Boxing Match Before Cook

by John Webber (1752-1793)

Games and sport have always been an integral part of Hawaiian life. In traditional society pa‘ani kahiko (ancient games) were numerous and extremely popular. These games actually came to the forefront of everyday life during the yearly makahiki festival that spanned approximately three to four months. The time of makahiki meant the arrival of the god Lono and the setting aside of the god Kū. Warfare and other activities of Kū ceased and the land, and its inhabitants, were allowed to regenerate, procreate and grow anew. This was a time of le‘ale‘a (pleasure) when many games and contests were held.

Physical Sport

Some of these games that were played were physical sports. These contests were not only used as arenas where the strong and swift could attain recognition and fame, but they also served to train the many warriors who might need to be called upon later in battle. Ancient mo‘olelo record many contests of sport ranging from kūkini (running), he’e hōlua (sledding), he‘e nalu (surfing), lele kawa (cliff jumping) to hākōkō (wrestling), mokomoko (boxing) and many others. Games such as ‘ulumaika (rolling disks), moa pahe‘e (dart throwing) and ‘ō‘ō ihe (spear throwing) required a steady hand and a trained eye. The more formal of these contests during the makahiki would take place at a designated kahua pa‘ani (sporting area) with the wooden staff Lonomakua watching over the contestants. Not only was a contestant being judged, but the glory or dishonor of the family name was on the line. The victors of these contests were heralded throughout the islands. Many of the most heroic stories of the gods involve these battles of strength and speed.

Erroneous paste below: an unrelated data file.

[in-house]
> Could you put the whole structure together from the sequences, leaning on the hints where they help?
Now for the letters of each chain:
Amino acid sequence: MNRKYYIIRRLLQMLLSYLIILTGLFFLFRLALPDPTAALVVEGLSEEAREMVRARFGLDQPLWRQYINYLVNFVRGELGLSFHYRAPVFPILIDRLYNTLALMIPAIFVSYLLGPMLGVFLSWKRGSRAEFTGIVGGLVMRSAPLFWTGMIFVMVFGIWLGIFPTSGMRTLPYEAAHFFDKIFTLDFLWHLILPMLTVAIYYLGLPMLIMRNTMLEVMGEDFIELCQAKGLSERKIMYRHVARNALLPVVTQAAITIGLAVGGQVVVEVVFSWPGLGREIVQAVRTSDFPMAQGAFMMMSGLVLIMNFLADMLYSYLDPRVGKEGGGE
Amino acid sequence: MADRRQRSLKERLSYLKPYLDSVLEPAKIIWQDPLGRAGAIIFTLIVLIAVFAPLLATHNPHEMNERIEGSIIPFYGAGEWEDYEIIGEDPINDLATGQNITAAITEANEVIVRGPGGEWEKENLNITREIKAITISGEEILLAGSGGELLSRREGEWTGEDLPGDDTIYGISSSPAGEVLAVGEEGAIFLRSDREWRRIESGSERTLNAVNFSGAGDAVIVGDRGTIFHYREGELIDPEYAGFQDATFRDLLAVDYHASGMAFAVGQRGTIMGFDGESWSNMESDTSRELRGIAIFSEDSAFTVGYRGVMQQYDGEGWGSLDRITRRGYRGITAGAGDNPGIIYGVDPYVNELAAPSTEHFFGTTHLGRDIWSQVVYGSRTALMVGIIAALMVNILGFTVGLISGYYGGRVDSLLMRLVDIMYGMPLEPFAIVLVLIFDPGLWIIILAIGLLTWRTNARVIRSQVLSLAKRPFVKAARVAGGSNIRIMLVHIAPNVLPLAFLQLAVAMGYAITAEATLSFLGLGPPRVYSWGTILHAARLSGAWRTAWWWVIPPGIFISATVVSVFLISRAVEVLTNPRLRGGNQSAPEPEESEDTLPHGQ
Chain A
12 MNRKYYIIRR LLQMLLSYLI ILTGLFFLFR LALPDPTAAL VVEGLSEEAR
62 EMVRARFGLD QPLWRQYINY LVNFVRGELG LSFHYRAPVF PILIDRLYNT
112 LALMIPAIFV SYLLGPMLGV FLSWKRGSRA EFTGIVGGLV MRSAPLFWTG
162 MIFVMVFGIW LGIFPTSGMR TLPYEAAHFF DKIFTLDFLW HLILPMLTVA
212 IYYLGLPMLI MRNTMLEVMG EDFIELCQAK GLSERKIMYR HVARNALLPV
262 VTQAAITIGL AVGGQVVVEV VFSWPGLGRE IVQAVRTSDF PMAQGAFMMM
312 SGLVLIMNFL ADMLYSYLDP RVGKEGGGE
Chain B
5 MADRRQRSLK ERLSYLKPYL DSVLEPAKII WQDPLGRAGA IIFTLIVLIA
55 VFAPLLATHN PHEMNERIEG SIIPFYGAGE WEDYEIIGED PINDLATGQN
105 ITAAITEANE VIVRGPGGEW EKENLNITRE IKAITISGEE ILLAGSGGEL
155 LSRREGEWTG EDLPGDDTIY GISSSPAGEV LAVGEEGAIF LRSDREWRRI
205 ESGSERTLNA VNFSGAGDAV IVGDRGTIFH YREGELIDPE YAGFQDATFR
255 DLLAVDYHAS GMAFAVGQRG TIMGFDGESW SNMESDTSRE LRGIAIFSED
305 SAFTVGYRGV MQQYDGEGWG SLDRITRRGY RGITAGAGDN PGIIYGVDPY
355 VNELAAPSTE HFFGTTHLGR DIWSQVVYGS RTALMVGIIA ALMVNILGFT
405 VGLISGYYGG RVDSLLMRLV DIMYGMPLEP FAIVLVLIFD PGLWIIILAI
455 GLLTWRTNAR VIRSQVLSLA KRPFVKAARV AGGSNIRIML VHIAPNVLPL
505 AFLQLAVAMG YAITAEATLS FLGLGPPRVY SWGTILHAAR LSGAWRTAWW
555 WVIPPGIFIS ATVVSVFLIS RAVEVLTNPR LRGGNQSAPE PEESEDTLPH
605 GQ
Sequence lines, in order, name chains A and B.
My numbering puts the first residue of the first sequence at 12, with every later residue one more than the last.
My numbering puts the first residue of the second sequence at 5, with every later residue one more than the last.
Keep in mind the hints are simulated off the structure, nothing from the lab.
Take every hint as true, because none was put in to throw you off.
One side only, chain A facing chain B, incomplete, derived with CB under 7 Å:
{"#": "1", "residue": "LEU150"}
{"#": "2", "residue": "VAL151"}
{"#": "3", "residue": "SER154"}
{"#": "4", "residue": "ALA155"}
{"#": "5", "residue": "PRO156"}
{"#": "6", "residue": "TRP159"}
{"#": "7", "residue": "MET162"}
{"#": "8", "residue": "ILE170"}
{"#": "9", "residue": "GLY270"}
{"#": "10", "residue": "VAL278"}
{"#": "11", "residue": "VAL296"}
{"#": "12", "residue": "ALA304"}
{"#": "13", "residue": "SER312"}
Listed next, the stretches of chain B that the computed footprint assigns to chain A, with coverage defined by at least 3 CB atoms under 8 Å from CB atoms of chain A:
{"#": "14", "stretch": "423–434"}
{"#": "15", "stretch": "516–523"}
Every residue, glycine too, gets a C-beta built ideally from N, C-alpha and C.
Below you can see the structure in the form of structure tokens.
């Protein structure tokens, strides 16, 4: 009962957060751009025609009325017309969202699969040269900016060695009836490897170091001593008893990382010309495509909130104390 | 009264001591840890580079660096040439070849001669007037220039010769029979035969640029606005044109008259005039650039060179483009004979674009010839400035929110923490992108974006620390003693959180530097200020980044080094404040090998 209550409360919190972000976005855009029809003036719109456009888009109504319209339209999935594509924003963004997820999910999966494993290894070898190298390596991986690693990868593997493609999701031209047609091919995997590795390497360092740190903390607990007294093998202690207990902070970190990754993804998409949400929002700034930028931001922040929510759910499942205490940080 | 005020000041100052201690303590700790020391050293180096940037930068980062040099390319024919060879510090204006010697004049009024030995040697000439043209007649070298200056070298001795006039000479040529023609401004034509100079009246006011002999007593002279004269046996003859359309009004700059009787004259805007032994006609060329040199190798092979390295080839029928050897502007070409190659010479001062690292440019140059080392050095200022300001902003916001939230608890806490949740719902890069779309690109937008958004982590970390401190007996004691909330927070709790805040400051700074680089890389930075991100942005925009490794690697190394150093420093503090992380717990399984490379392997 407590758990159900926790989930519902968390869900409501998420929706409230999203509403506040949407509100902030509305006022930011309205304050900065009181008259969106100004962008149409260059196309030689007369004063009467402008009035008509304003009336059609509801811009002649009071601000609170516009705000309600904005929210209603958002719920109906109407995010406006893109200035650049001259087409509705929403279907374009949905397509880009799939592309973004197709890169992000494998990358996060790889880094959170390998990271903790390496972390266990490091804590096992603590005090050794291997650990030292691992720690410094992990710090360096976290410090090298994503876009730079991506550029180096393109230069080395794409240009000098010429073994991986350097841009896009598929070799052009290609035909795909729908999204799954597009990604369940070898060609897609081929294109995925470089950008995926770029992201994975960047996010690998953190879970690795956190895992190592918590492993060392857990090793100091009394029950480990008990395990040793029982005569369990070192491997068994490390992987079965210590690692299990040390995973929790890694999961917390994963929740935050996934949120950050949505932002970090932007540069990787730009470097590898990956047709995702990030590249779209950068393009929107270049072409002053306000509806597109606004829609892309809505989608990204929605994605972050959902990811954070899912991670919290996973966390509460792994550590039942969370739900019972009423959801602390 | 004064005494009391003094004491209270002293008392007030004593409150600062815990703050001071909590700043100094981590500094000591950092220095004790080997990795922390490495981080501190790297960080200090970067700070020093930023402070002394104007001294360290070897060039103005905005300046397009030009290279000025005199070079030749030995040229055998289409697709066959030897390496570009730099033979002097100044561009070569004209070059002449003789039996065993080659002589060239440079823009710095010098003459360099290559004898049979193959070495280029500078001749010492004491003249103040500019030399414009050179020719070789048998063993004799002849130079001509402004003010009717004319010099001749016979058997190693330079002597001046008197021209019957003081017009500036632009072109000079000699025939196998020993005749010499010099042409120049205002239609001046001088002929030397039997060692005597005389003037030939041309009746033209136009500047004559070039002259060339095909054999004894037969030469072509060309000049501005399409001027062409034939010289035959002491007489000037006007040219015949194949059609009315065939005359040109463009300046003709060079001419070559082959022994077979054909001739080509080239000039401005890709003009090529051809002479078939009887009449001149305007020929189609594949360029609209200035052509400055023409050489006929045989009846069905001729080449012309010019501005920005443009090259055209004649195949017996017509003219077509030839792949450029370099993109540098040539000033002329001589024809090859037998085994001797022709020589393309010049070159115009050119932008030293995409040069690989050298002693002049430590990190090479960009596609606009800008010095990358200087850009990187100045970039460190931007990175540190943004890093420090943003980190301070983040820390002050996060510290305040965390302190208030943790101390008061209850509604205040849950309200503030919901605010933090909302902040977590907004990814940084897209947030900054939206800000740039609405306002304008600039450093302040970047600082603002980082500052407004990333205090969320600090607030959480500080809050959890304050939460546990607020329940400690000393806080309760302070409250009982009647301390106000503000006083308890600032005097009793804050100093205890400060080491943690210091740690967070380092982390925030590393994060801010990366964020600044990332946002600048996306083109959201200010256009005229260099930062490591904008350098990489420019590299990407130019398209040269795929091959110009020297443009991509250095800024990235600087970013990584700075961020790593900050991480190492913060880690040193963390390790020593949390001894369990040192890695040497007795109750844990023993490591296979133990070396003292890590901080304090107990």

Games of the Mind

Kānaka Maoli were also passionate about games of the mind that rewarded the player with the quickest and sharpest wit. Recitation of genealogies, proverbial sayings and knowledge of hidden meanings in phrases were some of the most admired of Hawaiian skills. Word games and ‘ōlelo nane (riddles) were favorites. Another verbal type of duel ho‘opa‘apa‘a, could be seen as an extreme verbal sport as a loss in a contest could mean death. Kōnane, a form of checkers, was another game that challenged the mind. This was often played on boards of stone with alternate sets of black and white pebbles. Some more elaborate sets contained carved figures as men.

Procreative Games

Procreation was the basis for the earth itself and was considered a natural gift of the gods. Games to encourage procreation were especially prevalent during the makahiki. ‘Ume (to draw towards or attract) and kilu were two varieties of this sort of game. Like the other games and sports mentioned, accounts of ‘ume and kilu can be found throughout the ancient mo‘olelo. One well-known incident is the game of kilu played by Hi‘iaka, sister of Pele, and Lohi‘au, an ali‘i of Kaua‘i.

Boxing match before Captain Cook. Ink and watercolor by John Webber, ca. 1779 [the actual event took place on January 28, 1779]. (56×98.5 cm)

Location: Bishop Museum Archives
Collection: Art Collection
Call Number: Webber